Japan faces a tremendous challenge as it seeks to recover from the effects of the March 11 earthquake and tsunami. The most immediate challenge, of course, is the containment of radiation leaks from the damaged Fukushima nuclear plant. But ripples from the disaster will continue for some time, and Japan's recovery from the worst natural disaster in the nation's history will be costly and long.
The death toll is already far beyond the 1995 Kobe earthquake. The count continues as search and rescue teams scour the stricken northeastern coast for survivors. On March 20, an 80-year-old woman and her teenage grandson were found alive in the rubble of their home. But the current toll is expected to grow higher.
Japan is beginning to revive. Slowly, much-needed supplies are beginning to reach devastated areas as roads are reopened. Tokyo residents are adjusting to delayed trains, rolling blackouts, and national appeals to consumers not to stockpile food and water. Industry leaders are cooperating to manage shortages of goods and disruptions of the supply chain. Financial leaders around the globe met to facilitate Japan's intervention in the global currency markets.
Already, experts are debating the cost of rebuilding. The World Bank on March 21 estimated the amount at $230 billion, while the Japan Center for Economic Research produced a much lower estimate of 2 trillion yen ($24.6 billion). Despite the differences, experts agree this is likely to be the world's most expensive natural disaster.
In addition to the impact on infrastructure, the disaster will also have a major effect on the Japanese economy. The first impact, which has already been felt, is on Japan's industrial production. Interruptions in the supply chain have hurt some global Japanese manufacturers, including auto and semiconductor producers. Closure of major ports, airfields and roads has interrupted the flow of goods to and from Japan. Rolling blackouts beginning March 14 have also severely disrupted Japanese corporations and consumers.
Many Japanese business leaders are confident these temporary problems can be resolved by the end of the year. However, long-term challenges lie ahead.
One of the biggest long-term challenges is energy. Twenty-five percent of Japan's power generation capacity was knocked out by the disaster, including both conventional and nuclear power plants. Thus, to avoid massive blackouts, the Japanese Government and the Tokyo Electric Power Co. have instituted scheduled, rolling blackouts in the Kanto region—including Tokyo and seven neighboring prefectures.
Since power grids in eastern and western Japan are not connected, new power plants need to be built in eastern Japan. Alternatively, a new grid will need to be designed and built. In either case, solving the energy problem will be expensive and time-consuming.
Another problem is global confidence in Japan. Soon after the disaster, individual investors fled the Japanese market. Pressures on the yen also revealed a similarly panicky assessment of how the government was coping with the disaster.
But some say short-term jitters after the disaster, including how the nuclear crisis has been handled, is not evidence of long-term problems. Some economists, including the World Bank's Chief Economist Justin Yifu Lin and the Council on Foreign Relations' Sebastian Mallaby, said the stimulus effect of the recovery effort may boost the nation's overall economic performance in the next few years.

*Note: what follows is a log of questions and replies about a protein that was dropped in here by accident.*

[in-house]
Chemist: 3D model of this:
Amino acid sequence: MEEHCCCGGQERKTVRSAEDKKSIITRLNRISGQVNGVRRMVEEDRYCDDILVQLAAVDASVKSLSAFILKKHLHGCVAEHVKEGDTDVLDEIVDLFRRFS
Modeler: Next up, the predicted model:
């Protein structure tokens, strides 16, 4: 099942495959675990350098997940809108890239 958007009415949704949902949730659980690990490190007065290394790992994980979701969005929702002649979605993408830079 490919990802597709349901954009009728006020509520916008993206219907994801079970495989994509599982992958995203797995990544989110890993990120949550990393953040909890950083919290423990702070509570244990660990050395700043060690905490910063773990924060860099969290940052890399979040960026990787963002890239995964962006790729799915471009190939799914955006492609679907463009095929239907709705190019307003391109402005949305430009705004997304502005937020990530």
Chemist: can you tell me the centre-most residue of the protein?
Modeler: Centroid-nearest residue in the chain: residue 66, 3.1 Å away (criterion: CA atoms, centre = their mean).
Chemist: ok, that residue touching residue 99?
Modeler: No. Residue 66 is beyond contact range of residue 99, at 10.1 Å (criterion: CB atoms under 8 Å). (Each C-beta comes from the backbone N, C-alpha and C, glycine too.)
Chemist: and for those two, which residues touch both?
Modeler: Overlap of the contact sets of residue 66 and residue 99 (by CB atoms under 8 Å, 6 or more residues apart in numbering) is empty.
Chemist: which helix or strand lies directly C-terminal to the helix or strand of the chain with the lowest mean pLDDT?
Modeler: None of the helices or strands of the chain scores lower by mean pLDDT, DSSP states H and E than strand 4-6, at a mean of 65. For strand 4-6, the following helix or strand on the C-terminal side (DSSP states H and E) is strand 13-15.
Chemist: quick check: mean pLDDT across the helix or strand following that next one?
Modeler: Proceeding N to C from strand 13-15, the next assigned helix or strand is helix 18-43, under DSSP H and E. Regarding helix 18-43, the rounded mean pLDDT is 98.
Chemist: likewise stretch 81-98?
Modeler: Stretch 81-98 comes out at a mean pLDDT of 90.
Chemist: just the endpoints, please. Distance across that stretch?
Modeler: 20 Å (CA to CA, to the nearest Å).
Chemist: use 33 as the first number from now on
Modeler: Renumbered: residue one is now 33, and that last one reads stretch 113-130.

Despite this guarded optimism, Japan's challenges are still serious. In fact, its challenges have less to do with the yen and the cost of recovery, than with the social and political choices the Japanese need to make.
Can Japan's political leaders—both inside and outside government—unite to promote a sustained economic recovery, or will they resume their recent habit of quibbling over national priorities? Can Japan's normally hyper-competitive companies cooperate to increase industrial output? Can the Japanese consumer rally behind these efforts, putting diminished household savings behind the government's efforts? Will Japan's much-heralded capacity for energy conservation be sustainable over time?
People outside Japan also have responsibilities. Immediately after the disaster, many nations and organizations offered extensive support to Japan and people across the world were moved by the actions of the Japanese people. Finance ministers and central bank governors from the Group of Seven major industrialized countries pledged to collaborate in response to the skyrocketing yen. More international efforts will also be needed to ensure steady access to energy sources, and to provide capital, if necessary.
Finally, the global community must improve the safety of civilian nuclear power, based on lessons from the Fukushima nuclear crisis. China, as Japan's neighbor and friend, will play a particularly important role. Its cooperation will be vital to any global effort to help Japan.
The costs of this disaster are high, but the Japanese people seem up to the challenge of bearing these costs. At the same time, the United States and China should recognize the opportunity and responsibility for sharing in this recovery and rebuilding effort.
The author is a senior fellow for Japan studies with the Council on Foreign Relations in Washington, D.C.
(Viewpoints in this article do not necessarily represent those of Beijing Review)